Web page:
The findings were published by the journal Clinical Cancer Research.
When targeted therapies were first approved for the treatment of cancer, they were hailed as a potential “cure” for different types of cancers and an acceptable alternative to chemotherapy, since they were designed to target the mutations responsible for cancer while sparing healthy, unmutated cells. In the case of melanoma, the gene BRAFV600E/K seemed like a particularly promising target, since the gene is mutated in approximately 40 to 50 percent of all cases of melanoma. However, while patients with these mutations who receive drugs designed to target BRAF mutations do live slightly longer, they often relapse within several months of treatment.
“We once thought targeted therapies could be a ‘magic bullet’ for cancer treatment, but we’ve learned over time that this simply is not the case, especially with regard to BRAF inhibitors for melanoma,” said Russel E. Kaufman, M.D., president emeritus of The Wistar Institute and lead author of the study. “We felt it was important to examine the tumor microenvironment to provide one possible explanation for why patients become resistant to targeted therapy in order to guide treatment decisions and perhaps arrive at better, more effective therapies.”
Kaufman and his research team decided to focus on macrophages, a type of white blood cell that has been nicknamed “Pac Man” by immunologists because it goes around and “eats” various types of cellular debris, similar to the arcade character. Macrophages are the most abundant inflammatory cell in melanomas, and their presence is inversely correlated with patient outcome at all stages of the disease. Melanoma-associated macrophages have been linked to cancer progression in a number of ways, but their role in resistance to BRAF inhibitors had not been properly defined prior to this study.
Melanoma cells and macrophages were evaluated by using an in vitro cell coculture system and a number of analytic procedures to determine levels of cancer proliferation and cell death. The researchers also used two mouse preclinical models to determine whether using macrophages as targets can actually increase the effectiveness of BRAF inhibitors.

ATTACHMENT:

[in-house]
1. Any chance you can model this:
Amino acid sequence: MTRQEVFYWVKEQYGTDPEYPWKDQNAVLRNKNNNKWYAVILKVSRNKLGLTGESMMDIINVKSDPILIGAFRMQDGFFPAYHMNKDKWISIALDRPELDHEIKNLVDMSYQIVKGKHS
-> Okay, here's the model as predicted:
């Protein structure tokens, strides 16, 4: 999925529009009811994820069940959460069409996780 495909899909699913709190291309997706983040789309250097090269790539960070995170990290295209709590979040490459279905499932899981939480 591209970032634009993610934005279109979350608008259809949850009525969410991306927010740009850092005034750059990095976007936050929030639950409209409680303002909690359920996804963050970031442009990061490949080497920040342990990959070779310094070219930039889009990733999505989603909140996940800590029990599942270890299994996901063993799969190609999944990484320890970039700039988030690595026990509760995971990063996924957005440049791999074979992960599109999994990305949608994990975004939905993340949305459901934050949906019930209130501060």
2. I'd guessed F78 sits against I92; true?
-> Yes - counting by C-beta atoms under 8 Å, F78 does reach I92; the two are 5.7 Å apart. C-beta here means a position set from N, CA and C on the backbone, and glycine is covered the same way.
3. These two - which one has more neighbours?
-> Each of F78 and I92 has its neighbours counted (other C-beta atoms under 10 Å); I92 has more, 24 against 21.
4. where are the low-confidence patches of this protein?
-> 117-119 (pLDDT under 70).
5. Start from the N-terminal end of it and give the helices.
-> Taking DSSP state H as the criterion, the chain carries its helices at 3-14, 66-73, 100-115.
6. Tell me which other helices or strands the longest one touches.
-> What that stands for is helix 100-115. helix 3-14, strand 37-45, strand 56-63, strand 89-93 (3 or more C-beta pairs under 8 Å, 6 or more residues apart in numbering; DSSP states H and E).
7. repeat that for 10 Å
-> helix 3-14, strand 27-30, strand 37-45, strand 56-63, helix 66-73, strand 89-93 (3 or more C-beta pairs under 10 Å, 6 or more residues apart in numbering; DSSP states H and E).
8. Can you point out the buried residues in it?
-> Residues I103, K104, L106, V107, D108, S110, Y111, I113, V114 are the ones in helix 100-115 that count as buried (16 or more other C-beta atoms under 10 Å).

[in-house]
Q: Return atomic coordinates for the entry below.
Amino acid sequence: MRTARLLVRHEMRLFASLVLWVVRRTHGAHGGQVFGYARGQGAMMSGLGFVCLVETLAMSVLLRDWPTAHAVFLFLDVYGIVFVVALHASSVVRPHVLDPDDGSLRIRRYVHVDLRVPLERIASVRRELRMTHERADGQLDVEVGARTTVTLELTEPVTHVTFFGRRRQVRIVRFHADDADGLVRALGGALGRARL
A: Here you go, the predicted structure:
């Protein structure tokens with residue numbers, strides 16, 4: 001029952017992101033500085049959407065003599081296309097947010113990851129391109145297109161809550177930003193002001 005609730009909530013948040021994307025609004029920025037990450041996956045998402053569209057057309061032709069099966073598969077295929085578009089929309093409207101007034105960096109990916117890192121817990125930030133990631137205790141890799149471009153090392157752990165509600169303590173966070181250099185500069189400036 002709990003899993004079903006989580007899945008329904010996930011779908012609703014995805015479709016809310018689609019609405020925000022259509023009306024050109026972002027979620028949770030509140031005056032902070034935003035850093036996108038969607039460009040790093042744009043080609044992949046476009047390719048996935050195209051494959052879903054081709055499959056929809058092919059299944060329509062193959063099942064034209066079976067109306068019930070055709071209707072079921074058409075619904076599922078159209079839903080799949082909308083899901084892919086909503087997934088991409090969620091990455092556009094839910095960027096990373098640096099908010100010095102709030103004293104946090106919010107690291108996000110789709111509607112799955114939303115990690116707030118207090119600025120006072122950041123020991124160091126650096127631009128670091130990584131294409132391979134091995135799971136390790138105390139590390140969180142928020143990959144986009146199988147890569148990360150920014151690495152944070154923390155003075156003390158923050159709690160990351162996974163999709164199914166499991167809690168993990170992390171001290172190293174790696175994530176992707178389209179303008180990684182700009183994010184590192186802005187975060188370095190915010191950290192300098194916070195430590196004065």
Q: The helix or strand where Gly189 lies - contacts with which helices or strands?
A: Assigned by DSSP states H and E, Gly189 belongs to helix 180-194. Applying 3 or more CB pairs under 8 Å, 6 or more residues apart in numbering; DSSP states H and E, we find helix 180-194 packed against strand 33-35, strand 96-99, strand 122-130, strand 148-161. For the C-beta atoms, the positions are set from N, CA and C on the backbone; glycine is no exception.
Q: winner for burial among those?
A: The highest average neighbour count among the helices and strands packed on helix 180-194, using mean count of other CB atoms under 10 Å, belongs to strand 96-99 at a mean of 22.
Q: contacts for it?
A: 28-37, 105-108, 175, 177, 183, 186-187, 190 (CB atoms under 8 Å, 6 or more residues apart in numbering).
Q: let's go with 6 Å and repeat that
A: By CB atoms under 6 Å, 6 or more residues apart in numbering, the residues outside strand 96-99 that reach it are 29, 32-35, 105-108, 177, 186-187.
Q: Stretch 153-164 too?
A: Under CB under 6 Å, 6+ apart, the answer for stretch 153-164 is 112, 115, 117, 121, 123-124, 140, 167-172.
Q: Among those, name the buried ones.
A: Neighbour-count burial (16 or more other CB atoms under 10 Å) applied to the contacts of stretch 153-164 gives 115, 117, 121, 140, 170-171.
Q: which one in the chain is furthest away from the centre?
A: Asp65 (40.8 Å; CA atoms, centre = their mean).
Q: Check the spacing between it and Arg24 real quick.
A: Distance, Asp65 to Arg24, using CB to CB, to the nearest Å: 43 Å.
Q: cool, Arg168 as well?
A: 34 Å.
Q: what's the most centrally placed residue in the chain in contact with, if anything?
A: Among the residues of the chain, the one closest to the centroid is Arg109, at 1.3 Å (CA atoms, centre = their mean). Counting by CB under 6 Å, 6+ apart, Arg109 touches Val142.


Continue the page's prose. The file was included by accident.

The researchers found that BRAF inhibitors activate the mitogen-activated protein kinase (MAPK) pathway in macrophages. This pathway is used by cells to help receptors on the surface of the cell communicate with the DNA inside of the cell to produce proteins. In this case, the activation of the pathway leads to the production of vascular endothelial growth factor (VEGF), a signaling protein closely associated with tumor growth because it promotes the formation of blood vessels that the tumors need to survive. VEGF produced in the macrophages in turn activates the MAPK pathway in melanoma cells, thereby stimulating the growth of cancer cells.
With this information, the researchers discovered that blocking the MAPK pathway or VEGF signaling appears to reverse macrophage-mediated resistance. Targeting macrophages also increased the antitumor activity of BRAF inhibitors in mouse and human tumor models. Conversely, the presence of macrophages in melanomas was able to predict earlier relapse after treatment.
“This study gives us important insight into the off-target effects these inhibitors can have on patients,” Kaufman said. “With this piece of information, we have determined just how important one of these off-target effects can be, and from here, we can decide whether the right approach is to target the macrophages themselves or to design new BRAF-inhibiting drugs that do not activate macrophages.”